Tower block alternatives

High-rise housing blocks should be bulldozed and replaced with terraced homes to help tackle social problems and remove "no-go" areas, a think-tank report argued has argued.

Some of your views on the proposed housing changing in London

A think tank has said that high rise housing blocks should be bulldozed and replaced with houses in a bid to tackle social problems and "no go" areas. A Policy Exchange report said there was evidence that multi storey flats attracted higher crime rates.

Here are some of your views from today's Facebook discussion.

Some of your views from our Facebook conversation
Some of your views from our Facebook conversation Credit: Facebook

Advertisement

Call for towers blocks to be taken down

by Simon Harris - ITV London

Calls for high-rise housing to be bulldozed have re-ignited a debate as old as the tower block itself. The London skyline is still populated with numerous examples dating back to the sixties.

The centre-right think tank Policy Exchange claims traditional terraced streets and low-rise flats could provide more than a quarter of a million new homes in the capital.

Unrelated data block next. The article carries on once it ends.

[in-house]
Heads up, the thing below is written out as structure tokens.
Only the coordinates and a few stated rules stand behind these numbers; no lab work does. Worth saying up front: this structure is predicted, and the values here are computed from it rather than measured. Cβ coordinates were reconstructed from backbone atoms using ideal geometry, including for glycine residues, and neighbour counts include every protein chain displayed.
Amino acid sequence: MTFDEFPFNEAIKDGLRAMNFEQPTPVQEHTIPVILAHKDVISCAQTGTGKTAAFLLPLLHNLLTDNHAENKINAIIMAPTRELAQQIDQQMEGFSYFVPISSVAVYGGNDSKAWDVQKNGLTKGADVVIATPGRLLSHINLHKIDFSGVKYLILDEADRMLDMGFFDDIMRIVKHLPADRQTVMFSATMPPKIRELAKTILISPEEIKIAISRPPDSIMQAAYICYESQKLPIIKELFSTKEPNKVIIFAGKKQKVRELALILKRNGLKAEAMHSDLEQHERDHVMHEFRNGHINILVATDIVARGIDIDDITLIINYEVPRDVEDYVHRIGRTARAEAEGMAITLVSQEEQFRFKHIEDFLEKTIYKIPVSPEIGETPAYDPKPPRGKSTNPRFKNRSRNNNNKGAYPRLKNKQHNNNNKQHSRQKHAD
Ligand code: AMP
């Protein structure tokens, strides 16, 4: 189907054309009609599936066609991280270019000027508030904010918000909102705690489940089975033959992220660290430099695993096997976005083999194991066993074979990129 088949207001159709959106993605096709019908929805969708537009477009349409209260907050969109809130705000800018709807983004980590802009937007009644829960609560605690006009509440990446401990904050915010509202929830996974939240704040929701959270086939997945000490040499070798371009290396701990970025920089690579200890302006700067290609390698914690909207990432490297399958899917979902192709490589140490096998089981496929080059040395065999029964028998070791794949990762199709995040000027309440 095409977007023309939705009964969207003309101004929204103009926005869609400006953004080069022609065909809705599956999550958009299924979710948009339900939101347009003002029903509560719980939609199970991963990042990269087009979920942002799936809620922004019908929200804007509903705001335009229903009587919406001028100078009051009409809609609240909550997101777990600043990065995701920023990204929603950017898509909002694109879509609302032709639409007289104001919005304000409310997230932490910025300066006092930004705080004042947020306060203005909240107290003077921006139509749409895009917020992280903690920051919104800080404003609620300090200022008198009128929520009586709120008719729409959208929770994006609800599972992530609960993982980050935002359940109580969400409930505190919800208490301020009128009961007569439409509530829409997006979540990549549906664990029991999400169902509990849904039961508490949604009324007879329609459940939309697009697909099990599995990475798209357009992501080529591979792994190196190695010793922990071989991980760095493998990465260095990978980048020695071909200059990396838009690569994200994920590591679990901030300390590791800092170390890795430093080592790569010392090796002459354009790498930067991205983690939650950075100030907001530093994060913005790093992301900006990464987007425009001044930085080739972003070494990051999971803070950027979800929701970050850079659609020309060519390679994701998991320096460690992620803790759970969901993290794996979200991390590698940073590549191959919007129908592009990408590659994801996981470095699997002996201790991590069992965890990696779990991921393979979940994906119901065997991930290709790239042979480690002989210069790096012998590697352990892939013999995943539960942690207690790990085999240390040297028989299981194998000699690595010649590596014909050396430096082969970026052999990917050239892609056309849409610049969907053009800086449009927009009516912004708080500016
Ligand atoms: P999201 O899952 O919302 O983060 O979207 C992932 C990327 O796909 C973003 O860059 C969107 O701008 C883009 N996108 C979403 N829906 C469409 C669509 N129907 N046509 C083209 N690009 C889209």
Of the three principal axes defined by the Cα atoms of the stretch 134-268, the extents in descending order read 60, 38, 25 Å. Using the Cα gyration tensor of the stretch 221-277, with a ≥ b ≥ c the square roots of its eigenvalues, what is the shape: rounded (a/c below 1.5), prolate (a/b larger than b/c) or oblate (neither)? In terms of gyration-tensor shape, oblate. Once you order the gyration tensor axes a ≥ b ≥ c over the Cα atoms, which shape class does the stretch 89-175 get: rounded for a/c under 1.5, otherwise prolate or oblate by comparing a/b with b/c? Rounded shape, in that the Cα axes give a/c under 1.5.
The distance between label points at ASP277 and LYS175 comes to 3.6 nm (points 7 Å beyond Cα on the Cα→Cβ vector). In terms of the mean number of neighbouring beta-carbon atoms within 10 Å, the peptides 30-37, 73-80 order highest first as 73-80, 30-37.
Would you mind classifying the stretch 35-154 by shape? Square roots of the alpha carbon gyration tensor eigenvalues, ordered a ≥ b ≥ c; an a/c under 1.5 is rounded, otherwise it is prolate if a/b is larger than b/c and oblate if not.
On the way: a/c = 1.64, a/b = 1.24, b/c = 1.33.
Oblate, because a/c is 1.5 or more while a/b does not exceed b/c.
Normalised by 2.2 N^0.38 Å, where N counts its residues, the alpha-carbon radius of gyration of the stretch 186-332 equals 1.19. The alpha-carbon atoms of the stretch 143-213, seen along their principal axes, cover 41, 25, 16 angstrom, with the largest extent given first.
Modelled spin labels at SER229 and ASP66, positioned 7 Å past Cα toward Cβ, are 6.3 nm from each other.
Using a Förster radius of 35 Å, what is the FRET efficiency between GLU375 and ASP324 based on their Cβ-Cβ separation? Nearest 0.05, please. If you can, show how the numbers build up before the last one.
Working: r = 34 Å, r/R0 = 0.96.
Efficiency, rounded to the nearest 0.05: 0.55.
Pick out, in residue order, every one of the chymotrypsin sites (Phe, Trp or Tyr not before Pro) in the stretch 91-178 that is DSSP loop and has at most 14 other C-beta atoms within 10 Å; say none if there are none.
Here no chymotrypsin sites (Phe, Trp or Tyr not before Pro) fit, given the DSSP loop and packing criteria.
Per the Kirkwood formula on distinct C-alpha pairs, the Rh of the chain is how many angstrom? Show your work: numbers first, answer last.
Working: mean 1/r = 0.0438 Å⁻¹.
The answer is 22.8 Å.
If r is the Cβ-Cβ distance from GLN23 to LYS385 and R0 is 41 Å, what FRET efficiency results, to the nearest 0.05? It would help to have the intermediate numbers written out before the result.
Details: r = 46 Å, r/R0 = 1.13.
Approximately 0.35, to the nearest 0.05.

The 60's built Cavan House and Antrim House, in Old Ford, Hackney in East London, during their demolition by explosives
The 60's built Cavan House and Antrim House, in Old Ford, Hackney in East London, during their demolition by explosives Credit: PA

Theauthor of the Policy Exchange report Nicholas Boys Smith said: "It's timewe ripped down the mistakes of the past."

Butdevelopers have spotted a lucrative market in luxury high-rise apartments -think The Shard - which suggest a growing demand for a room- with-a-view.

Thatand the density of housing and shortage of space suggest the high-rise will bearound for a long time yet.

Bulldoze high rise blocks to keep crime down

Tower blocks
Tower blocks should be replaced by houses Credit: Reuters

A think tank has said that high rise housing blocks should be bulldozed and replaced with houses in a bid to tackle social problems and "no go" areas. A Policy Exchange report said there was evidence that multi storey flats attracted higher crime rates.

Citing the example of the 2009 Camberwell Tower block fire in London, the report claims that the blocks can be 'occasionally lethal', encouraging 'more stress, mental health difficulties, neurosis and marriage breakdowns'.

Advertisement